Drawbacks of working with a fee-only financial planner

While the benefits of working with a fee-only advisor are significant, there are a couple of perceived drawbacks.

Limited offerings outside of financial advice and asset management

Because fee-only planners don’t sell products — like insurance policies or annuities — you’ll have to find and work with another professional if you need to obtain these. Adding another person into the mix can seem a little daunting and may require additional research, meetings, and communication. 

That said, as fee-only planners, we have established strategic partnerships with reputable professionals to refer our clients to when needed (like insurance brokers). And because we never accept commissions or referral fees, our only incentive is your success. As such, we are diligent and mindful about which professionals we refer our clients to.

Higher asset minimums

The only source of revenue for fee-only planners is their clients. As a result, they may have higher asset minimum requirements than commission-based and fee-based advisors.

How much do fee-only financial planners cost?

The commonality among all fee-only financial planners is that they are paid directly (and exclusively) by their clients. The exact amount they charge is based on their specific fee structure. Some of the most common fee structures for fee-only planners include:

  • Assets under management (AUM). Fee-only planners who provide comprehensive services often have AUM-based fee structures. They charge clients a percentage (such as 1%) of the value of the client’s assets under their management. 
  • Retainer or subscription fee. Some fee-only advisors may charge a flat annual or monthly fee for their services. The fees vary based on the complexity of the client’s financial situation, the value of their investments, or their net worth.
  • Project-based. Some fee-only advisors will charge fees based on short-term projects. For example, they may agree to put together a one-time financial plan but won’t be responsible for implementing any recommendations.
  • Hourly. Similar to the traditional attorney billable model, some financial advisors charge their clients based on an hourly rate. This may be attractive for clients who aren’t ready to delegate all of their financial planning but need some immediate, short-term advice.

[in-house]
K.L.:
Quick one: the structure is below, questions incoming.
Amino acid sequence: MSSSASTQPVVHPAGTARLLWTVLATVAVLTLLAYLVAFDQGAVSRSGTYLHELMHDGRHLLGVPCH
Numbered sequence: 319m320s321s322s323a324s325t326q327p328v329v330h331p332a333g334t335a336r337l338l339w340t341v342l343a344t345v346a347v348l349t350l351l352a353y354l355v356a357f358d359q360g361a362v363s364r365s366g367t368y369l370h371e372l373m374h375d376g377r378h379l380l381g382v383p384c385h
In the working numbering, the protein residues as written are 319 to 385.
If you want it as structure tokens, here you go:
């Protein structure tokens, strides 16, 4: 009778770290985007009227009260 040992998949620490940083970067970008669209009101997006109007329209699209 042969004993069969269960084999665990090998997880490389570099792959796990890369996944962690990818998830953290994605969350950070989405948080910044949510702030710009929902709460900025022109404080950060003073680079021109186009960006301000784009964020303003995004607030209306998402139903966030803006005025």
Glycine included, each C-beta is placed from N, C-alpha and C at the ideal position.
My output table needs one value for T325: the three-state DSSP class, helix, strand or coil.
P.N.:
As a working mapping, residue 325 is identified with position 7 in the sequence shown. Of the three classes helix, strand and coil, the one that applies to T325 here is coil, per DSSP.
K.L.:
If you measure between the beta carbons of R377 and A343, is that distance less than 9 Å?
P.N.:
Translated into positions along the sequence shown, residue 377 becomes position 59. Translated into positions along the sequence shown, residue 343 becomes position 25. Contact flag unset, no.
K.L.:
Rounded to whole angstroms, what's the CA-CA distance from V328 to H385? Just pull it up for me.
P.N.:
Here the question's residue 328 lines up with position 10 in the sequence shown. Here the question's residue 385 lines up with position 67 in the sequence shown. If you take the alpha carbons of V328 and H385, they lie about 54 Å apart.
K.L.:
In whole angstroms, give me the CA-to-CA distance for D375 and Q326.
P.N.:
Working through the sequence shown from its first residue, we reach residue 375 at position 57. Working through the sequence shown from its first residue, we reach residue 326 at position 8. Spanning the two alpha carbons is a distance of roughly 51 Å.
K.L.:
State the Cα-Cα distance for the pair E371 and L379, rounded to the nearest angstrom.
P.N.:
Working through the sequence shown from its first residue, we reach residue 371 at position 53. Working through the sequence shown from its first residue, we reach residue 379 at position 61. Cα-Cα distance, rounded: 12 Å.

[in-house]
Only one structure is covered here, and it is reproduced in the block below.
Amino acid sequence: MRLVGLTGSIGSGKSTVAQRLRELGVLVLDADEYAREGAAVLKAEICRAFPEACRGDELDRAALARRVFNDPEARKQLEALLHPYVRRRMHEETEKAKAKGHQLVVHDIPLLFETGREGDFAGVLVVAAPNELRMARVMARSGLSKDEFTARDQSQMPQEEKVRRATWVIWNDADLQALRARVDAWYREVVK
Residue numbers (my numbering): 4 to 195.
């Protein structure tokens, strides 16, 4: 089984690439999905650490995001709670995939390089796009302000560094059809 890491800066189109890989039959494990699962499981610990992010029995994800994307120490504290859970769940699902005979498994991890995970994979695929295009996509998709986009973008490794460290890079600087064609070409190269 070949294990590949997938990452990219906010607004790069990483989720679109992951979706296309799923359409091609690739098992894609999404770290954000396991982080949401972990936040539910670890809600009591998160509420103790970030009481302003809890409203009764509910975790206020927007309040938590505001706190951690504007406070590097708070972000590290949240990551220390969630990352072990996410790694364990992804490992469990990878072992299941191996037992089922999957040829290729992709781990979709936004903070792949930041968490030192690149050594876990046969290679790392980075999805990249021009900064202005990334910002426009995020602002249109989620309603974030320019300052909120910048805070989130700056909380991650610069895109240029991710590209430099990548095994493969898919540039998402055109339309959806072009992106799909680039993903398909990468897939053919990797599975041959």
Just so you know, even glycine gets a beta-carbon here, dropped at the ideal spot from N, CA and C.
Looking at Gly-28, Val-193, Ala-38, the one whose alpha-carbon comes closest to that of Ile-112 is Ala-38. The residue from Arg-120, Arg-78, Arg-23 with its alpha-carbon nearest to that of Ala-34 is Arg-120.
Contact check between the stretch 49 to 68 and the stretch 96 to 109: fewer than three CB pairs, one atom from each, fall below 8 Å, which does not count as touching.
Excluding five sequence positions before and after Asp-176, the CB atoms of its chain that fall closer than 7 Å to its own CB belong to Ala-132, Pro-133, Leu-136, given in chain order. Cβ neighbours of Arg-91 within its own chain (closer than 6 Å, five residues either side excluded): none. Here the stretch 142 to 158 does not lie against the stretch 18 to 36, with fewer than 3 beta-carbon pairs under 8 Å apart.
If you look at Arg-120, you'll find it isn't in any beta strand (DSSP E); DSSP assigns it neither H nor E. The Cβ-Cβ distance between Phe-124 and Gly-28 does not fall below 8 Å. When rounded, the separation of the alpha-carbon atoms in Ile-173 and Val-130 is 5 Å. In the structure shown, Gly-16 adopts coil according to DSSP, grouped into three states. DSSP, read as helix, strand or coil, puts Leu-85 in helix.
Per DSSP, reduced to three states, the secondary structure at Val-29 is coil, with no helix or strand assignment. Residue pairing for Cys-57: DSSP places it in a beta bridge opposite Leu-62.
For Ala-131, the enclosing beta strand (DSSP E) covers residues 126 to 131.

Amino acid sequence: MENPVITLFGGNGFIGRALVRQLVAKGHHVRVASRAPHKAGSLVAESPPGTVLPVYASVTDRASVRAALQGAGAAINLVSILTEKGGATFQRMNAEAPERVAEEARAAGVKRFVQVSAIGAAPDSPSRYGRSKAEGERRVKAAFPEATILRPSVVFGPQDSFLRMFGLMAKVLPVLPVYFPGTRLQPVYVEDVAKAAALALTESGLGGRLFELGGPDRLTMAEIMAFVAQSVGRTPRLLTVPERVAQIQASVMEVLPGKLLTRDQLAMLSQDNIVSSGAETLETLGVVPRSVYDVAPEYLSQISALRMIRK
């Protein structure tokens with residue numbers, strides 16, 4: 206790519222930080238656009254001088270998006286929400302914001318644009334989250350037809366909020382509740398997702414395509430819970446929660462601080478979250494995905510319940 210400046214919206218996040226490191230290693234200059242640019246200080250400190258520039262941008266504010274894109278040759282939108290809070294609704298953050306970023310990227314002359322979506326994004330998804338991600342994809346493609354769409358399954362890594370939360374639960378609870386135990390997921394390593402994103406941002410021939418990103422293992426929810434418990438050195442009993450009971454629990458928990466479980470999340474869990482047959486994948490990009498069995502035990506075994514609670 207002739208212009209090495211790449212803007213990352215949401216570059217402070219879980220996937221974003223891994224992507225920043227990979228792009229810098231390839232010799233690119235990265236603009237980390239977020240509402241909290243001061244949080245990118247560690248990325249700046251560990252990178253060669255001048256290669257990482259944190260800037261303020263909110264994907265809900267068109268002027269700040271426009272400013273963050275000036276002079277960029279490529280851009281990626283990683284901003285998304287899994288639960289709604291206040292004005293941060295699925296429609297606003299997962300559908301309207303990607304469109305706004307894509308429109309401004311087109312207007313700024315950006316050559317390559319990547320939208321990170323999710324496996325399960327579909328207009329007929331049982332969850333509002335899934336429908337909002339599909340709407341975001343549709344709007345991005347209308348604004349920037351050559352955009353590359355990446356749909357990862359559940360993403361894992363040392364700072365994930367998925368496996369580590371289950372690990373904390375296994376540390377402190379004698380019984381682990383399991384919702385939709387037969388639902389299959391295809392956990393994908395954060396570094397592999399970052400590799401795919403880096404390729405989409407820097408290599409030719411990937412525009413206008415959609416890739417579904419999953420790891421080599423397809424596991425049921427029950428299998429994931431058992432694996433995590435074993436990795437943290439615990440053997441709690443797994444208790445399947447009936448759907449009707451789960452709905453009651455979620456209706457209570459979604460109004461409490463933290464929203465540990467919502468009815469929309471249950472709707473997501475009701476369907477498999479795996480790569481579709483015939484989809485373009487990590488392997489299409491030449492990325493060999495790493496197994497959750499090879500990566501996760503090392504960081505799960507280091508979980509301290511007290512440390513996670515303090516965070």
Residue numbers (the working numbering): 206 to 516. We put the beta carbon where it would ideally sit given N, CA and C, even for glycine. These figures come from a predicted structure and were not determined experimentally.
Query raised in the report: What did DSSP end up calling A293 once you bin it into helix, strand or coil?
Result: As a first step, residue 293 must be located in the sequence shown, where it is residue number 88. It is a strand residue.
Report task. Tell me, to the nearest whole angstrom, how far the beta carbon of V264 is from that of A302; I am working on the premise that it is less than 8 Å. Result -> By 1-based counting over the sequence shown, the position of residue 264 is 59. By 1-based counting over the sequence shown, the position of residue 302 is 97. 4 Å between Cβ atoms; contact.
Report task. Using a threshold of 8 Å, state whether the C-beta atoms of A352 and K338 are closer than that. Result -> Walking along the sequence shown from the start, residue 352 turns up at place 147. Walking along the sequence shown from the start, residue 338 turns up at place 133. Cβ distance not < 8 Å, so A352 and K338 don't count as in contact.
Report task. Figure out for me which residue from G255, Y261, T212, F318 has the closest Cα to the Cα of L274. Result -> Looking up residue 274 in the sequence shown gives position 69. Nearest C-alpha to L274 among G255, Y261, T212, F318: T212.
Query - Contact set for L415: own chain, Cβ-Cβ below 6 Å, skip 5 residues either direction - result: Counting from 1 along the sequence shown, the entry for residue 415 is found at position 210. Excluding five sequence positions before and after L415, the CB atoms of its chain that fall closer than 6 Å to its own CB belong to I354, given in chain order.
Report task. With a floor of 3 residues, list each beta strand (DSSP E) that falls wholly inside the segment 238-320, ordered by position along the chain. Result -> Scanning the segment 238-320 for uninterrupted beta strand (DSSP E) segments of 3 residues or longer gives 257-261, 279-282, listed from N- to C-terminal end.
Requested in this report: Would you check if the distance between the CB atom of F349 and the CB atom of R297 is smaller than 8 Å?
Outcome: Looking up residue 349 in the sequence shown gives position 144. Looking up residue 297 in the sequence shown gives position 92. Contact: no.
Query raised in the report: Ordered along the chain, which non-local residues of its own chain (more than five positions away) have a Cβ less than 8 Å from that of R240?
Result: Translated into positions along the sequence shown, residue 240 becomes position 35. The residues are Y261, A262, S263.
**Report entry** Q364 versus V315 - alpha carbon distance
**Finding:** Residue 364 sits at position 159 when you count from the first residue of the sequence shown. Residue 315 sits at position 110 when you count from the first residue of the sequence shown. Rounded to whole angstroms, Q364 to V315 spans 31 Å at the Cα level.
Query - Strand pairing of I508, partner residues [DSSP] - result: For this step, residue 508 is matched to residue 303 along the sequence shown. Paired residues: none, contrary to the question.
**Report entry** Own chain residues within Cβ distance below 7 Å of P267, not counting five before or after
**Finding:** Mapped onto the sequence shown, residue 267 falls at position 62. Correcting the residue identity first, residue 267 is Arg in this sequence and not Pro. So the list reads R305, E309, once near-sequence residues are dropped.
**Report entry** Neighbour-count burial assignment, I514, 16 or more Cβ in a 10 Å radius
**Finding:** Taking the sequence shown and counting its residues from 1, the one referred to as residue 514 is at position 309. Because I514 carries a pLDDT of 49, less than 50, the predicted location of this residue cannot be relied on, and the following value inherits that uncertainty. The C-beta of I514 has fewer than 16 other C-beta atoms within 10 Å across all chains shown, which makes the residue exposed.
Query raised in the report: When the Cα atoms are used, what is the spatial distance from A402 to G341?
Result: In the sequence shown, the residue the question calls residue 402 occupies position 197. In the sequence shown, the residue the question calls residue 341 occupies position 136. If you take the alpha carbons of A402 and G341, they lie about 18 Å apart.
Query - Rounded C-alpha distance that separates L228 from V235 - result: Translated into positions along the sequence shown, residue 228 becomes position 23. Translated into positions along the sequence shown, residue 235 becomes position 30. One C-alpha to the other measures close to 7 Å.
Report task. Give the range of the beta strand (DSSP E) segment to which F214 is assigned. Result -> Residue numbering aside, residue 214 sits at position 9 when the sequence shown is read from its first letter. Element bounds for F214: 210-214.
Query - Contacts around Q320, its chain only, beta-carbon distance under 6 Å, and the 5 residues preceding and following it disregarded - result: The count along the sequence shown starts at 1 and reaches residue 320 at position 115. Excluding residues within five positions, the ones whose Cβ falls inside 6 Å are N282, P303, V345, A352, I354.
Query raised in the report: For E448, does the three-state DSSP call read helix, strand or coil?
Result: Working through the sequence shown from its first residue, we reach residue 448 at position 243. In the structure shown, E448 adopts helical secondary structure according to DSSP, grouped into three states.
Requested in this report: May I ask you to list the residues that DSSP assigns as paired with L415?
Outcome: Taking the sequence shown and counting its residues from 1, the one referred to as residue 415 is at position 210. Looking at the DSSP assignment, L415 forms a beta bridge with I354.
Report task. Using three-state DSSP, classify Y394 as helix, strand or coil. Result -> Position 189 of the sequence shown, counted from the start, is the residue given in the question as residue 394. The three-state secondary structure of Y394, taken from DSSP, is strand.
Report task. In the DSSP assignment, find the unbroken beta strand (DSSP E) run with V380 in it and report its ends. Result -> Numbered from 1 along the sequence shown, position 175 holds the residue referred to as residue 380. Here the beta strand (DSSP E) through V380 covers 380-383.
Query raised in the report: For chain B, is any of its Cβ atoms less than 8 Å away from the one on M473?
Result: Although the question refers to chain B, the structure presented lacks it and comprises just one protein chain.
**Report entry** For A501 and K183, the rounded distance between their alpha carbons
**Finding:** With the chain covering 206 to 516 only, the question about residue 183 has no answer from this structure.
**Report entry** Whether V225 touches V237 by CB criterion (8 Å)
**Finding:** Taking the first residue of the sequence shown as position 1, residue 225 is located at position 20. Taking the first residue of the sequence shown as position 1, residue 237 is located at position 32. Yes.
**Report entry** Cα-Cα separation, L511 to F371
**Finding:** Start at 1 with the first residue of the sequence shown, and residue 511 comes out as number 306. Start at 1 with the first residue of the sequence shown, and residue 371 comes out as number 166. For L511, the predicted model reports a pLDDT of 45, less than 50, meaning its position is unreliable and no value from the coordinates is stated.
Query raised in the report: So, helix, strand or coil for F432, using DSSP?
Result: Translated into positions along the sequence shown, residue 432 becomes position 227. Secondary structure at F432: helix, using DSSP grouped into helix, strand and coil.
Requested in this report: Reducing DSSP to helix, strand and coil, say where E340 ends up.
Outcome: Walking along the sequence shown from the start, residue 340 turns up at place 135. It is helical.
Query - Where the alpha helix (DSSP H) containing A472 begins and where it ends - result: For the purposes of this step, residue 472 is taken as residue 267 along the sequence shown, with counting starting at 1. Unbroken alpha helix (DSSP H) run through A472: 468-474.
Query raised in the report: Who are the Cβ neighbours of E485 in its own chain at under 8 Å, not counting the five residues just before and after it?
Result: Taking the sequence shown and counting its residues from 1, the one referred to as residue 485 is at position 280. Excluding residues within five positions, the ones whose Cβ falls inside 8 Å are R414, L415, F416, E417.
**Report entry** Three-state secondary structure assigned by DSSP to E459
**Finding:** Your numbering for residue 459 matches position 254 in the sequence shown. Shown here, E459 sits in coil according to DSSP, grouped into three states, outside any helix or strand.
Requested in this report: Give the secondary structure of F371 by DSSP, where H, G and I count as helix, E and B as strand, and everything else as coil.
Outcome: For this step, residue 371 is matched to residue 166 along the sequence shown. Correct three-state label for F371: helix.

At Elwood & Goetz, we use an AUM-based fee structure. With an AUM fee-only model, our success is a direct reflection of our clients’ success. Unlike some fee-only firms, our fee includes both comprehensive financial planning and investment management.

How to find and verify a fee-only financial advisor

If you’re interested in working with a fee-only financial advisor, then you may be wondering how to find one. Here are a few tips.

Ask the advisor directly

One of the most important questions you can ask a financial advisor is, “How are you compensated?” Related questions are, “Do you accept commission or referral fees?” and “Who all do you accept compensation from?” By asking these questions directly, you should be able to get a clear answer. Sometimes it’s best to ask these questions over email, so you can get the answers in writing.

As extra due diligence, you may request a signed fiduciary oath from the advisor committing to act in your best interest 100% of the time. Here is ours.

Review disclosure documents

Financial advisory firms are required to file regulatory disclosures with the SEC and/or FINRA. Many of the details in these filings are available for free to the public. An example is Form ADV, which is like a financial planning firm’s resume, fact sheet, and background check. On the Form ADV, you can see how a financial advisory firm receives compensation and its fee structure. These are available on the SEC’s website. Here is our Form ADV, for reference.